Sunset in the Coconino National Forest, looking northeast toward Sedona, AZ, 4/17/15

Monday, May 31, 2010

Grand Staircase - Escalante National Monument, May 21-31

First, Happy Birthday to hubby John back in Washington State.  You are my number one!  I love you and miss you.

Between my travels to Bryce Canyon and Capitol Reef National Parks, I got to spend time exploring the area with brother Gary and his wife Mary as they are camp hosts at Kodachrome Basin State Park.  Kodachrome is surrounded by the Grand Staircase-Escalante National Monument (GSENM) which is huge at 1.9 million acres. 

As described in my last blog, GSENM is on the Colorado Plateau and gets its name from a staircase of rock cliffs of various colors.  The oldest is chocolate, then vermilion, white, gray, and the youngest is pink.  On one of Gary and Mary's days off we went exploring the pink cliffs out beyond the Tropic Reservoir.   The views were spectacular (pic 1).
Gary walked out on the edge of a rock fin to take some video of the views (pic 2) ... I think he's crazy!  I walked out just a little ways and had to turn around.

On another day we visited the Red Canyon in the Dixie National Forest (pic 3).  The cliff walls were vermilion red and they boast to have one of the hideouts of Butch Cassidy.  They have a great bike trail that Gary and Mary took into the canyon, all down hill, then I picked them up at the visitor's center.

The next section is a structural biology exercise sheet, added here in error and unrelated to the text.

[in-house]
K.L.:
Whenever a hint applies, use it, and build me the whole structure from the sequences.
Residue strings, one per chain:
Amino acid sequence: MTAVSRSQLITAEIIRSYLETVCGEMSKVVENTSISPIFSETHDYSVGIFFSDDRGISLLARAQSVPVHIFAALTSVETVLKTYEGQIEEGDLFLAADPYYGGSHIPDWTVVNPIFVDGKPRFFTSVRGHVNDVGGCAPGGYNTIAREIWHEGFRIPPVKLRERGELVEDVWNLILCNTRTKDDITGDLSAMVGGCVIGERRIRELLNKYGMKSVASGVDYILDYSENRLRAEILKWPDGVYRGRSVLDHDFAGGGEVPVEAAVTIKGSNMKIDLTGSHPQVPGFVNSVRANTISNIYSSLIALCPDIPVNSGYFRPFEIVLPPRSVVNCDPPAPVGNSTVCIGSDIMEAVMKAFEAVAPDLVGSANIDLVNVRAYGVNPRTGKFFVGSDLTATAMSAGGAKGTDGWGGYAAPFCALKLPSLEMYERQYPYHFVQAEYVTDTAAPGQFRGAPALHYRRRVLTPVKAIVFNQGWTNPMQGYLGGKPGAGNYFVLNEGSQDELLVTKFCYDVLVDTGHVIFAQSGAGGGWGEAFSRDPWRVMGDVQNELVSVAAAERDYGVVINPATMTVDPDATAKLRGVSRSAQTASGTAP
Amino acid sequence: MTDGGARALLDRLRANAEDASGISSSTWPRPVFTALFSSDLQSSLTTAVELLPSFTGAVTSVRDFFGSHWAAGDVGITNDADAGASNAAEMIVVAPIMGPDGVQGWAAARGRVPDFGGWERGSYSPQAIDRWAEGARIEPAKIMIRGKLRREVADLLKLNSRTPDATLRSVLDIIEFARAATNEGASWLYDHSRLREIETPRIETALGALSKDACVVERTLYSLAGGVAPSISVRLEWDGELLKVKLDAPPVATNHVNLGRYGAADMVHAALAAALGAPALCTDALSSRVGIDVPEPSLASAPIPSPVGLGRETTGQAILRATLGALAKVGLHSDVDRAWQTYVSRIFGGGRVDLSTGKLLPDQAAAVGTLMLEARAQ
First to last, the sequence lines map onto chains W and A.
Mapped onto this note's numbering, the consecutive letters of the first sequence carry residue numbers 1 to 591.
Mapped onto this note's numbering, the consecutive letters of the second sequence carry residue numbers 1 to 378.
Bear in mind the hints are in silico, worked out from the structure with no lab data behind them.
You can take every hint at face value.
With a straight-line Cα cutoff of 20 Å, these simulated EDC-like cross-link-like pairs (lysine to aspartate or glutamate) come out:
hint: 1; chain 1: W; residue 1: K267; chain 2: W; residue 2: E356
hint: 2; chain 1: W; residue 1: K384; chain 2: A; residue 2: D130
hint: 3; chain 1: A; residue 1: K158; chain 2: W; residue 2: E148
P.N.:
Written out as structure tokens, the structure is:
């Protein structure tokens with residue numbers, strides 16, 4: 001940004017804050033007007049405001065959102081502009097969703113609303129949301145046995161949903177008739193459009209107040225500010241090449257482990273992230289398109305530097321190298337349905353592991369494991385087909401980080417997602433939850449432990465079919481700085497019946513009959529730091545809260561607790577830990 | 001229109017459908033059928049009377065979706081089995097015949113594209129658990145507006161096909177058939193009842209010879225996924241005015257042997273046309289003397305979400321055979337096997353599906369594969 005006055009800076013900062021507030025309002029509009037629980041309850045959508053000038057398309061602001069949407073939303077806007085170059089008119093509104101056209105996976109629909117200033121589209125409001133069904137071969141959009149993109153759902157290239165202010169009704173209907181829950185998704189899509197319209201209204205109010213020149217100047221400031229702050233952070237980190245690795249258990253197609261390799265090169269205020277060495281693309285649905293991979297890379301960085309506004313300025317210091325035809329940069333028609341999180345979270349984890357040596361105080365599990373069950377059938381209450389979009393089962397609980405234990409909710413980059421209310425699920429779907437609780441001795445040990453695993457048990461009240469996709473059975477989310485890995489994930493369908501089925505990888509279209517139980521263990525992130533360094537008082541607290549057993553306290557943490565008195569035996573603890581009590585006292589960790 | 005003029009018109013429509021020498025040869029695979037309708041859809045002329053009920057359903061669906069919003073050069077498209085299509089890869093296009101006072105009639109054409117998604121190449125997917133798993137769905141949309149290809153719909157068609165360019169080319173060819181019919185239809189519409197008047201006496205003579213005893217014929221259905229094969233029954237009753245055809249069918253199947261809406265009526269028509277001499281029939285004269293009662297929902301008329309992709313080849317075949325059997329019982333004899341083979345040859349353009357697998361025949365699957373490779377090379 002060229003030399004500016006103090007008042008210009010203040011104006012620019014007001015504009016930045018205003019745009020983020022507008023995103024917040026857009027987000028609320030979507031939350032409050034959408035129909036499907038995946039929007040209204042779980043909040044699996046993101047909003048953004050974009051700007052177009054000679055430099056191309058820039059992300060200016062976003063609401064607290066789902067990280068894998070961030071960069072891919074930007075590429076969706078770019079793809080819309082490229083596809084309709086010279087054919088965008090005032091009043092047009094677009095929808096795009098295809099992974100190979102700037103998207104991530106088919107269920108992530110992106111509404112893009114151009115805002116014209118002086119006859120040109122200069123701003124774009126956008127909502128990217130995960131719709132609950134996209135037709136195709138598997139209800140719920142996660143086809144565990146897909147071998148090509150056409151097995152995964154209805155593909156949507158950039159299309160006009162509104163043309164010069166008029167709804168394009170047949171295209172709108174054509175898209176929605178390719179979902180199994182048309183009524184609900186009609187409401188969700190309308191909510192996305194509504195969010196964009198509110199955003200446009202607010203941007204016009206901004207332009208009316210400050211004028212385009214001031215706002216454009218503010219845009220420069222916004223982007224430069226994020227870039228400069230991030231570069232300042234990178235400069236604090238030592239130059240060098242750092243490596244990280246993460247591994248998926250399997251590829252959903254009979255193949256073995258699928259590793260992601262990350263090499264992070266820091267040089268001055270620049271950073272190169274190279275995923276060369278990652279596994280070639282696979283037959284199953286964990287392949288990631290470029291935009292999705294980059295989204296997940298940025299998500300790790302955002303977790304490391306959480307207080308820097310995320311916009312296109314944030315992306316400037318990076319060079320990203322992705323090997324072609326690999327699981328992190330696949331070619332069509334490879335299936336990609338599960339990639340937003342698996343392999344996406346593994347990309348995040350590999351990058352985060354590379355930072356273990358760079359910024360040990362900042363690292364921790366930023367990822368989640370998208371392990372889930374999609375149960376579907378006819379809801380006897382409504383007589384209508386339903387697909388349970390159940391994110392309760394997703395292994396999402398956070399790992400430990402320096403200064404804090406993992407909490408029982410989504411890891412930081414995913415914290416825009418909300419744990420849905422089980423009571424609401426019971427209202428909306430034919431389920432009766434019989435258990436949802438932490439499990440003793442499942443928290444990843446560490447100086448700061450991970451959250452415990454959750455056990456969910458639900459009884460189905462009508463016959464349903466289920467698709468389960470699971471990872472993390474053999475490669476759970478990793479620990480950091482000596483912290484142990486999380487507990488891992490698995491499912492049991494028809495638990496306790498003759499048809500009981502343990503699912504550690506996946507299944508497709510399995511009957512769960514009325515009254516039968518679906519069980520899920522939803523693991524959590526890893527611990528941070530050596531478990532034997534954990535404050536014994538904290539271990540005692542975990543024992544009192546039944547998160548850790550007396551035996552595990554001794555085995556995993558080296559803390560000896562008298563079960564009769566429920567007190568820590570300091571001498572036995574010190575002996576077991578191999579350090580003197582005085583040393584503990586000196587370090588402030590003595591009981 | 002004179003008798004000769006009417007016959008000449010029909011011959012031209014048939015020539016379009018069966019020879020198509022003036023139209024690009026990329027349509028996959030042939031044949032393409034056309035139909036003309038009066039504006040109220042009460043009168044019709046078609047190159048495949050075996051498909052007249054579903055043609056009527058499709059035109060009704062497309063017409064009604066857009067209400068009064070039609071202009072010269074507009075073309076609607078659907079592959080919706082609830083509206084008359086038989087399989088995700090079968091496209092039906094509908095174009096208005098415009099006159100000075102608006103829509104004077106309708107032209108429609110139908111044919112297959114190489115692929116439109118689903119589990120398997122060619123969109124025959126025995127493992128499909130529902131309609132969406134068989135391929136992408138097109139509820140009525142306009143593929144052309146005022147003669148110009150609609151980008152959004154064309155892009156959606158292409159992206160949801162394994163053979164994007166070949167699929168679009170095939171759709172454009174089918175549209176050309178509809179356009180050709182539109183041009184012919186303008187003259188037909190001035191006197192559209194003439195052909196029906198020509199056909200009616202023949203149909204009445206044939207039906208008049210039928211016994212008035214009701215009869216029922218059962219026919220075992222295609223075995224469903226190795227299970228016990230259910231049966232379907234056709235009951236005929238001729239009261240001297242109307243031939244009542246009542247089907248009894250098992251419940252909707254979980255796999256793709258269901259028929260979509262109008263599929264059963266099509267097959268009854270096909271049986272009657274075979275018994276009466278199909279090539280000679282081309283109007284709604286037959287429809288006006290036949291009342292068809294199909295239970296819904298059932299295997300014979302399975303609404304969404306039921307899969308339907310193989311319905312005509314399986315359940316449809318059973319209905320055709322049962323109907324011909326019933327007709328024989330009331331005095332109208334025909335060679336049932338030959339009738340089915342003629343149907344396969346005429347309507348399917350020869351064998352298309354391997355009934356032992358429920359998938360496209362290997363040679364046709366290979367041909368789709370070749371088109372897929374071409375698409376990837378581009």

We also visited Devils Garden off of Hole-In-The-Rock Rd (pic 4).  It had all kinds of fantastic rock formations -- hoodoos, arches, small slot canyons -- a great climbing, hiding, looking, finding playground (pic 5).

Gary, of course, was trying to climb all of the coolest places (pics 6 and 7).

On the same day we visited Devils Garden, we did some 4-wheeling on Hells Backbone around Death Hallow ... what a devilish day that was!
All of these places were off of Utah's Scenic Highway 12 ... a destination of beautiful scenery and great views in and of itself.

After visiting Capitol Reef, I spent another couple of days at Kodachrome Basin State Park with Gary and Mary.  It's a great place with some cool rock formations (pics ).  It was good to spend time with them, as usual. 



Chimney Rock with some cattle at it's base.  It's on Forest Service land, just outside of Kodachrome.


A cool rock formation in Kodachrome.


Grosvenor Arch in Kodachrome.


Moon rise over the cliffs as seen from Gary and Mary's campsite at Kodachrome.


And, as always, Gary maintained campfire bragging rights!








Friday, May 28, 2010

Colorado Plateau National Parks, May 12-28